large group of protesters raising sign of resistance in Yangon, Myanmar

Anti-coup protesters raise decorated Easter eggs along with the three-fingered symbols of resistance during a protest against the military coup on Easter Sunday, April 4, 2021, in Yangon, Myanmar. (AP Photo)

As the United Nations warns that Myanmar could descend into “full blown conflict,” the risks to writers, demonstrators, journalists, human rights activists, and artists couldn’t be more dire. Well over 700 people have been killed and thousands more arrested since a military junta took power February 1, cracking down on free assembly, free association, free expression, and the freedom to write.

Here, we outline the seven ways Myanmar’s military leaders have threatened free expression, based on public reporting and our own contact network on the ground.

1. Many writers, creative artists, public intellectuals, and cultural figures have been arrested for speaking out against the coup, for participating in protests, or simply without pretext, as part of the broader crackdown.

According to the Assistance Association for Political Prisoners-Burma (AAPP), on the day of the coup three writers were immediately arrested—including Than Myint Aung, Maung Thar Cho, and Htin Linn Oo, along with filmmaker Min Htin Ko Ko Gyi. Since then, at least 10 poets and 14 artists have been arrested for their participation in protests. On April 6, more than 100 arrest warrants were issued targeting writers, artists, public influencers, and journalists, including poet and activist Maung Saungkha. Prominent comedian, poet, and activist Zarganar was also recently arrested on unknown charges. Since February, artists have been creating pro-democracy images—many including the three-fingered salute, a Hunger Games-inspired symbol of protest—and sharing them in the streets and across social media.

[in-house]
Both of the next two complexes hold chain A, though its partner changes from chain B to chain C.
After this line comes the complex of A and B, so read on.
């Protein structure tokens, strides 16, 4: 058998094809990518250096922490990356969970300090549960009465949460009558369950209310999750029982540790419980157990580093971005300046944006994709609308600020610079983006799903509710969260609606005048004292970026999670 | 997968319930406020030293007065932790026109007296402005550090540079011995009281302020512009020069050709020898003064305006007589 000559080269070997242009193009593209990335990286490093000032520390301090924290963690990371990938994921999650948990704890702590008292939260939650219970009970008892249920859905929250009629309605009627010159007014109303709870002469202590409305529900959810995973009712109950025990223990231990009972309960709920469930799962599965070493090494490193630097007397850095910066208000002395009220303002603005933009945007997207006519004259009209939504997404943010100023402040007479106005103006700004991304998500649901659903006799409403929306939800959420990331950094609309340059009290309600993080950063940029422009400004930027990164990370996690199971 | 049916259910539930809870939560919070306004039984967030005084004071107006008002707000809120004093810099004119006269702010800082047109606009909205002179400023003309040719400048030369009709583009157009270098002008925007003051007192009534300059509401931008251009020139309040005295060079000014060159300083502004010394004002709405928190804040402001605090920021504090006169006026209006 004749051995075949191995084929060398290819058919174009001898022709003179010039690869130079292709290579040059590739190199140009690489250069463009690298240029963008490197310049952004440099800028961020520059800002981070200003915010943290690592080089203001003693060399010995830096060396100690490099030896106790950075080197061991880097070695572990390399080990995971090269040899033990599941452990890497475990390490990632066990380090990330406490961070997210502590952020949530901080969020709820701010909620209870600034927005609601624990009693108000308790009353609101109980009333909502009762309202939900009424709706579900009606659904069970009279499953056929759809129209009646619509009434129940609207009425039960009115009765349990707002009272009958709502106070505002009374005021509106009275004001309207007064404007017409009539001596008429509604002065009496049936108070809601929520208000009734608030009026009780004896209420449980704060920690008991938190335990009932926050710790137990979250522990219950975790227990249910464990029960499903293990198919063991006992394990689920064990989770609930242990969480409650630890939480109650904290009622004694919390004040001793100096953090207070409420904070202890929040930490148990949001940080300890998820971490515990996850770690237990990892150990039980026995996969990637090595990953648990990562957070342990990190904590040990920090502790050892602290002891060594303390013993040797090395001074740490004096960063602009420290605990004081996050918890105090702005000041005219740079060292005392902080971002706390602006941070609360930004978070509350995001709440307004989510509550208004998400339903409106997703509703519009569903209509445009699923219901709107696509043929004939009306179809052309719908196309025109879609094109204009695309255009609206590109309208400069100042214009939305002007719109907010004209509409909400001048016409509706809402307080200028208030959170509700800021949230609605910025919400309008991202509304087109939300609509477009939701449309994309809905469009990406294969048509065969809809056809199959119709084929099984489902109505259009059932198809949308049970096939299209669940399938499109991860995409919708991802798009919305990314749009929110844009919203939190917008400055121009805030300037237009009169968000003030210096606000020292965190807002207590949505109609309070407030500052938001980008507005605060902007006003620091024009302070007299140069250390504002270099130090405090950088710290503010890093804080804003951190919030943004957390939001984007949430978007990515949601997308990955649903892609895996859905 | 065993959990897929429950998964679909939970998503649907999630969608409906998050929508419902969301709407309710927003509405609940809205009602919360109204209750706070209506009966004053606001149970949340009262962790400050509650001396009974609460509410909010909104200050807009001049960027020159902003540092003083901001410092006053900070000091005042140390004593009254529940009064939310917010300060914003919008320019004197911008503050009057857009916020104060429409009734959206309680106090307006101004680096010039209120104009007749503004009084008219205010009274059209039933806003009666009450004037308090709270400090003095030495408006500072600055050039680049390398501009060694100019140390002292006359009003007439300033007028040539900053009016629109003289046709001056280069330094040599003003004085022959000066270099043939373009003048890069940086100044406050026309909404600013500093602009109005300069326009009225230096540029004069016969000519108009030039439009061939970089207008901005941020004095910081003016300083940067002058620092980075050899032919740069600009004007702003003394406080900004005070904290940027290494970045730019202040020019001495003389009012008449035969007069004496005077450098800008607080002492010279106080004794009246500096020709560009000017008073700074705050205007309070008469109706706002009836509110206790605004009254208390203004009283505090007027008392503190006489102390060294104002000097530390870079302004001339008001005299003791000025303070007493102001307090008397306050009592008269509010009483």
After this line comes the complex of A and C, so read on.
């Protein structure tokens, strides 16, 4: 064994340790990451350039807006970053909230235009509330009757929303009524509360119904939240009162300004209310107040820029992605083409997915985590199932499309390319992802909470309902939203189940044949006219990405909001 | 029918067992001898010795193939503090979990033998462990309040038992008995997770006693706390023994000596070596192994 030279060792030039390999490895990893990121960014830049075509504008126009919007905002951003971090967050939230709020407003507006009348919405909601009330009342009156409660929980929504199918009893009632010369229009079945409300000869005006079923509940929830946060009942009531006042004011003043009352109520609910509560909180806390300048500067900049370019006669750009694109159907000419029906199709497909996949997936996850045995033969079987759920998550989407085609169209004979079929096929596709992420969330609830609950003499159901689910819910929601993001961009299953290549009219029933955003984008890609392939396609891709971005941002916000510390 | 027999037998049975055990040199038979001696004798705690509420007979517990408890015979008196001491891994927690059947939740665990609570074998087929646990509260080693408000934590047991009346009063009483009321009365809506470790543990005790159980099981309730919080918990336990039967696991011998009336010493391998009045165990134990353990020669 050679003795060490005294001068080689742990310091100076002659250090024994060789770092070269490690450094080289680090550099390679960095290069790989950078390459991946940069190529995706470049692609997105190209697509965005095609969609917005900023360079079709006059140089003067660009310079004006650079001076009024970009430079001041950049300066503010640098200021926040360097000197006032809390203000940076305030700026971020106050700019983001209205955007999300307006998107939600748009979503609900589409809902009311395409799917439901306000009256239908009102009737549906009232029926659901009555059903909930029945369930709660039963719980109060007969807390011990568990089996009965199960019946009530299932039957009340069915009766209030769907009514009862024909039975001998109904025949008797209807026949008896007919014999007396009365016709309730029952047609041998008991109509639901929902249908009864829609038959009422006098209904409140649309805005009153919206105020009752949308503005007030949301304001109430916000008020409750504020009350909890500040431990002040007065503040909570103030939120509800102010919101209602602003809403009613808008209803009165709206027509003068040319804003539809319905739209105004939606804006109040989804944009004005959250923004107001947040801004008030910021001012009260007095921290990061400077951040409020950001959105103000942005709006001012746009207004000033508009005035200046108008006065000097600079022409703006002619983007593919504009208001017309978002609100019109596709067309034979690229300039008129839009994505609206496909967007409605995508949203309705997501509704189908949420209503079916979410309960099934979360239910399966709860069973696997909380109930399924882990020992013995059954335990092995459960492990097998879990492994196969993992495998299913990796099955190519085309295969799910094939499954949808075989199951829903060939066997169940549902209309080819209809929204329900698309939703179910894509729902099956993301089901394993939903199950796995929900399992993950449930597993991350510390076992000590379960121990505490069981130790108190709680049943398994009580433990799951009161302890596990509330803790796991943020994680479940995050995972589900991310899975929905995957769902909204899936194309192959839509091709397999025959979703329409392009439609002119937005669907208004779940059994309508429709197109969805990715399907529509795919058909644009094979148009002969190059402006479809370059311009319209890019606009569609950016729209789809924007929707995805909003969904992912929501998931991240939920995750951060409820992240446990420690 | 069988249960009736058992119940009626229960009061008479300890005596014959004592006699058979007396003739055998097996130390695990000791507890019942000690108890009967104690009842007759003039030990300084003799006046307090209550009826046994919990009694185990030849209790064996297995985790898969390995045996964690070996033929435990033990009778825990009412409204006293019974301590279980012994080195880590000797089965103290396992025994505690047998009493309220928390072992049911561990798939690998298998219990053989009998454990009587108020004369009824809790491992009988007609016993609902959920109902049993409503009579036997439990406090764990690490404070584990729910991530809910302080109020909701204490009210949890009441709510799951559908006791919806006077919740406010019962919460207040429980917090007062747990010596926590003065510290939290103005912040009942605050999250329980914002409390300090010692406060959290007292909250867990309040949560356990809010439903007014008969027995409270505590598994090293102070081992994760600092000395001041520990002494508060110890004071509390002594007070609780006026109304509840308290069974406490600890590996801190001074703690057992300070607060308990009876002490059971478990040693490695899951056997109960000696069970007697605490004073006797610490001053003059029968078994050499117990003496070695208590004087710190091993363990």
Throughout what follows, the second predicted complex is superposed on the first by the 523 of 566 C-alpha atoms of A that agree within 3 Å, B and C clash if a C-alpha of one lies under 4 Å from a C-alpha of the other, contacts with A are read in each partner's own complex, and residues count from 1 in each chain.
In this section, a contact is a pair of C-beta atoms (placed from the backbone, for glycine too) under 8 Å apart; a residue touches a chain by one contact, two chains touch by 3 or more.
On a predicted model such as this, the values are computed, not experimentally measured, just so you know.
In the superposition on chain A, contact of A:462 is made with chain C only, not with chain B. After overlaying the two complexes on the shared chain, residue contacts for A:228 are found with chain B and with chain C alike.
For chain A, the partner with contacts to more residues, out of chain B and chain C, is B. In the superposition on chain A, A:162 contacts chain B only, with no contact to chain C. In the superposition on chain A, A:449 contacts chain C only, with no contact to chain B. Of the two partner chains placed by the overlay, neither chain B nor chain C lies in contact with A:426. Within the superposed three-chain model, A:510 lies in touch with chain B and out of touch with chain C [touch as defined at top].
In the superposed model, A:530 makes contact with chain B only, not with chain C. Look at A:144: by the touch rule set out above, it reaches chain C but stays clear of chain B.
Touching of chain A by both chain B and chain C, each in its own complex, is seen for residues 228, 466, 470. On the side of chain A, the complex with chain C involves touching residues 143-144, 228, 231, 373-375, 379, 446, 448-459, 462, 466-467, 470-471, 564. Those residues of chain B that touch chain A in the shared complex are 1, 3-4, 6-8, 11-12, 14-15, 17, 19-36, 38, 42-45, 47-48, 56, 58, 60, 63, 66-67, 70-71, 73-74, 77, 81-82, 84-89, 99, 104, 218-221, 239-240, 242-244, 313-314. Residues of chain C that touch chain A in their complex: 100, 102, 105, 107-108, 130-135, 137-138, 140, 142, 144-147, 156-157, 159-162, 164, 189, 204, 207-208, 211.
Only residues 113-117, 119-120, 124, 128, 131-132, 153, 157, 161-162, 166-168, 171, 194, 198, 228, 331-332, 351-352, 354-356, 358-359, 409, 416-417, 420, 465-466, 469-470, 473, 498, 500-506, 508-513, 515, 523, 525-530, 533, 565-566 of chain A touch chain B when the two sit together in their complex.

2. Security forces continue to deploy live ammunition and tear gas against anti-coup protesters.

Myanmar’s security forces have been using lethal force, including choke holds and the use of weapons normally deployed in combat, to target and disperse peaceful and unarmed protesters. At least 726 people have been killed by security forces since the coup began, including a number of journalists and writers. On March 3, poets K Za Win and Daw Kyi Lin Aye (also known as Myint Myint Zin) were killed after military forces fired on them during a demonstration in the city of Monywa. 

3. The junta continues to target journalists, media professionals, and citizen journalists, forcing many to go into hiding or leave the country altogether.

Since the coup, at least 56 journalists have been arrested, with at least 38 still held in detention. While some have been released, many are still being detained; following the junta’s imposition of a state of emergency and martial law, they can legally be detained indefinitely. Though some journalists have managed to flee to neighboring Thailand, India, or to ethnic states near Myanmar’s borders, travel opportunities remain restricted due to the pandemic. Still, independent journalists and citizen journalists continue to work covertly, in some cases choosing not to wear press badges or other identifiers so as to blend in with demonstrators. 

4. The junta has raided many major English-language and Burmese-language news outlets, forcing them to suspend operations or go underground.

Multiple privately-owned media outlets—including the Standard Times and Myanmar Times newspapers, and the Democratic Voice of Burma, Mizzima, Myanmar Now, 7Day, and Khit Thit media organizations—suspended their operations after the military revoked their licenses to publish and broadcast. While some are continuing to operate underground, they cannot do so openly or legally. This has significantly limited the public’s access to independent news sources in the midst of the crisis.